The midrash contains homilies on the Psalms, and comments on single verses and even on single words. The homilies are as a rule introduced with the formula "as Scripture says." In only a few cases are they introduced as in the other midrashim, with the formula "Rabbi N. N. has begun the discourse," or "Rabbi N. N. explains the Biblical passage." Among the comments on single verses are many which are based on the difference of Qere and Ketiv, as well as on the variant spellings of words (plene and defective). Many words, also, are explained according to the numerical value of the letters (gematria) or by analysis of their component parts (Noṭariḳon) as well as by the substitution of other vowels ("al-tiḳri").[15] The midrash is prone to interpreting numbers, contributing likewise thereby important observations on the number of the Psalms and of the sections of the Pentateuch as well as on the number of verses in various Psalms. Thus it enumerates 175 sections of the Pentateuch, 147 psalms,[16] and nine verses in Psalms 20.[17]

The midrash contains a number of stories, legends, parables, proverbs, and sentences, with many ethical and halakhic maxims. Notable stories include that of Remus and Romulus, to whom God sends a she-wolf to suckle,[18] and the legend of Emperor Hadrian, who wished to measure the depth of the Adriatic Sea.[19]

Among the proverbs which are found only in this midrash are:

  • "Walls have ears" (i.e., care should be taken in disclosing secrets even in a locked room)[20]
  • "Woe to the living who prays to the dead; woe to the hero who has need of the weak; woe to the seeing who asks help of the blind; and woe to the century in which a woman is the leader."[21]

Many customs can be traced to this midrash, e.g., that of not drinking any water on the Sabbath before the evening.[22]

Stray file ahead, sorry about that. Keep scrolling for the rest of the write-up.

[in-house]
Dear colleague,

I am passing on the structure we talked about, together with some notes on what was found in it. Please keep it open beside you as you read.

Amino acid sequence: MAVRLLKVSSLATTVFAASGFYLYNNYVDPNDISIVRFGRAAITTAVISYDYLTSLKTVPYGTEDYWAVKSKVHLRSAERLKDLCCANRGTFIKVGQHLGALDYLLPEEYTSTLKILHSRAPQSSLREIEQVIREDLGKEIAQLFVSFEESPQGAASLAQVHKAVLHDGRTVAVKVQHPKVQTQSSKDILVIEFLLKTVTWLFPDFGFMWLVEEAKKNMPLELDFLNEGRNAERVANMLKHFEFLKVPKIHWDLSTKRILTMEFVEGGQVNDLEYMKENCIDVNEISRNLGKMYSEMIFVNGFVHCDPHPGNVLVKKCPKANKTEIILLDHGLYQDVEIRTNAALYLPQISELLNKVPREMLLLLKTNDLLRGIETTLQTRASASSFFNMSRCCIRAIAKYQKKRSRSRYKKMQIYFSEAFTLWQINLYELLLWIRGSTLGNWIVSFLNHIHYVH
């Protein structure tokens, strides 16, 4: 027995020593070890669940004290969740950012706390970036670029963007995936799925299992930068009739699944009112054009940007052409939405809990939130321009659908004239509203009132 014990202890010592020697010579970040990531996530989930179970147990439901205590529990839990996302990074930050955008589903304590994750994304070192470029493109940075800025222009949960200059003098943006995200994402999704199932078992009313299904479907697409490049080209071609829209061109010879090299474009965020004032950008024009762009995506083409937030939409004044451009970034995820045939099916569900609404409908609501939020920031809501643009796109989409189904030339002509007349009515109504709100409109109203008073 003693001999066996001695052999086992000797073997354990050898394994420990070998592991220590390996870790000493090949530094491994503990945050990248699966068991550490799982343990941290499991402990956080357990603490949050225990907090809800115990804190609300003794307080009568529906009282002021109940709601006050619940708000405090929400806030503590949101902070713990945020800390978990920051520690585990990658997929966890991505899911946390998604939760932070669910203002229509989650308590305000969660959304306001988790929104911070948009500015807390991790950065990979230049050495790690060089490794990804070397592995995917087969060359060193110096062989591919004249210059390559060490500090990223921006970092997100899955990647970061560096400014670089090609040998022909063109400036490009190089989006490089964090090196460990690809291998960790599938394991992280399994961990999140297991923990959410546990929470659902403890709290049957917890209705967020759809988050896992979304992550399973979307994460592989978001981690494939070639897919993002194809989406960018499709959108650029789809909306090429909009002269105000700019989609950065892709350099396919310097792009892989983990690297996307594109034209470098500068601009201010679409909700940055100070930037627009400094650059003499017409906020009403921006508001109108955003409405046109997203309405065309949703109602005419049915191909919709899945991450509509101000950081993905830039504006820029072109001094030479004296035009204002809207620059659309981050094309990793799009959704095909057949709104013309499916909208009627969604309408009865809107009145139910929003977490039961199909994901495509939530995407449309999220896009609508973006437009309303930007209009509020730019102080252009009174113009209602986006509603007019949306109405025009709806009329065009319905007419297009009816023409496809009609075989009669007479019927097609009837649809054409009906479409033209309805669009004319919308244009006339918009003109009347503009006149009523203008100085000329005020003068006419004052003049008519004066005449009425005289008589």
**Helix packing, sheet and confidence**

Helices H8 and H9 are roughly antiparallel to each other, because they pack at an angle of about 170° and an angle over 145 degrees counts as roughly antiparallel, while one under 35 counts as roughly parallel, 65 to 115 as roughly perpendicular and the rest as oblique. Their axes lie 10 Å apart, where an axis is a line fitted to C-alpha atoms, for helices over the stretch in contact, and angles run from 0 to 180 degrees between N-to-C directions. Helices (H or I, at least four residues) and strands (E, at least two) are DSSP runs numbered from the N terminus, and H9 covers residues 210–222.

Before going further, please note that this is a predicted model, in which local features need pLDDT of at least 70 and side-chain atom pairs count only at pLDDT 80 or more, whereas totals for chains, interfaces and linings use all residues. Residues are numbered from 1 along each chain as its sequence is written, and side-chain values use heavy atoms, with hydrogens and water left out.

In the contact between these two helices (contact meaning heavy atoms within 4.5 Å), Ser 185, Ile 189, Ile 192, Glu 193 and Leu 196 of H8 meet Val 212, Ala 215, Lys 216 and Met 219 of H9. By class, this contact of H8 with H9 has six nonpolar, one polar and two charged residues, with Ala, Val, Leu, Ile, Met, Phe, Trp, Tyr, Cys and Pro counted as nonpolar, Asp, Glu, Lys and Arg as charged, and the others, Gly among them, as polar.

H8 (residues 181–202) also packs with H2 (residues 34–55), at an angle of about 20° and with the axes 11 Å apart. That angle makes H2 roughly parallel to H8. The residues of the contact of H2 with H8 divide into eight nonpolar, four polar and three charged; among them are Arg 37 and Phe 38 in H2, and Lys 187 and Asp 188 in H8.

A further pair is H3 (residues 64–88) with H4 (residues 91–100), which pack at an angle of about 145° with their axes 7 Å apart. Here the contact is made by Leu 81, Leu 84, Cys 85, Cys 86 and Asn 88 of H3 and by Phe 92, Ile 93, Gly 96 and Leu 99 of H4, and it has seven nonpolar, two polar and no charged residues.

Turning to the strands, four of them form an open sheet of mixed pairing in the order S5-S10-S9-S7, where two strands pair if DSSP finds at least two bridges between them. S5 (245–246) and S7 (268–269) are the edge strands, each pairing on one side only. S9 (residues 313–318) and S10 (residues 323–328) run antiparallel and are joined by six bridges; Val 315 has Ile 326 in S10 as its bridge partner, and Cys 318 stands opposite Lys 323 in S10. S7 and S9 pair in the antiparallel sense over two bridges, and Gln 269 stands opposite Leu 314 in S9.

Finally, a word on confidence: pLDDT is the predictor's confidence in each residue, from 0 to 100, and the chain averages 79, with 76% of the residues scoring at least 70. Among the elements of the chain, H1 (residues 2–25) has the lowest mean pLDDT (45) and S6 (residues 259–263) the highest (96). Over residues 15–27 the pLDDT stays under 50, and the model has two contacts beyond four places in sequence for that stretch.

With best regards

References[edit]

  1. ^ from the 1906 Jewish Encyclopedia
  2. ^ Aruch, s.v. סחר
  3. ^ Halakhot, 1b
  4. ^ In his commentary on I Samuel 17:49, and on many other passages
  5. ^ Rashi on Deuteronomy 33:7 and many other passages
  6. ^ Arukh, s.v. סער, and in six other passages
  7. ^ See Midrash Tehillim, ed. S. Buber, Introduction, pp. 35 et seq.
  8. ^ As in Jewish Encyclopedia, SYNAGOGUE, THE GREAT
  9. ^ Constantinople, 1512
  10. ^ Thessaloniki, 1515
  11. ^ Compare Buber, l.c. pp. 3–4
  12. ^ For example: Psalms 7 #6 and Psalms 18 # 13; Psalms 18 #25 and Psalms 95 #3; Psalms 18 #26 and Psalms 103 #2; Psalms 27 #7 and Psalms 94 #5; Psalms 45 #4 and Psalms 100 #4; Psalms 91 #6 and Psalms 104 #3.
  13. ^ For example, Yerushalmi Kilaim 9 32b; Yerushalmi Ket. 12:3 35a; Genesis Rabbah 33:2; Kiddushin 33a (compare Rashi ad loc.)
  14. ^ Compare Buber, l.c. p. 32, note 131
  15. ^ Compare the collation of all these passages in Buber, l.c. p. 10a, b
  16. ^ Midrash Tehillim to Psalms 19:22
  17. ^ Midrash Tehillim to Psalms 20:2
  18. ^ Midrash Tehillim to Psalms 10:6; Buber, l.c. p. 45a
  19. ^ Midrash Tehillim to Psalms 113:6; Buber, l.c. p. 208a, b
  20. ^ Midrash Tehillim to Psalms 7:1; Buber, l.c. p. 31b. Compare Rashi in Ber. 8b, who quotes this proverb
  21. ^ Midrash Tehillim to Psalms 22:20; Buber, l.c. p. 96b
  22. ^ Ṭur and Shulhan Aruch, Oraḥ Ḥayyim 291; compare Midrash Tehillim, ed. Buber, p. 51b, note 48

 This article incorporates text from a publication now in the public domainWilhelm Bacher and Jacob Zallel Lauterbach (1901–1906). "Midrash Tehillim". In Singer, Isidore; et al. (eds.). The Jewish Encyclopedia. New York: Funk & Wagnalls.

Jewish Encyclopedia bibliography[edit]

  • Midrash Tehillim, ed. Buber, Introduction, Wilna, 1891;
  • J. Theodor, Ueber S. Buber's Midrasch, Tehillim, reprinted from the Menorah, Literaturblatt, Hamburg;
  • Zunz, G. V. pp. 266–268.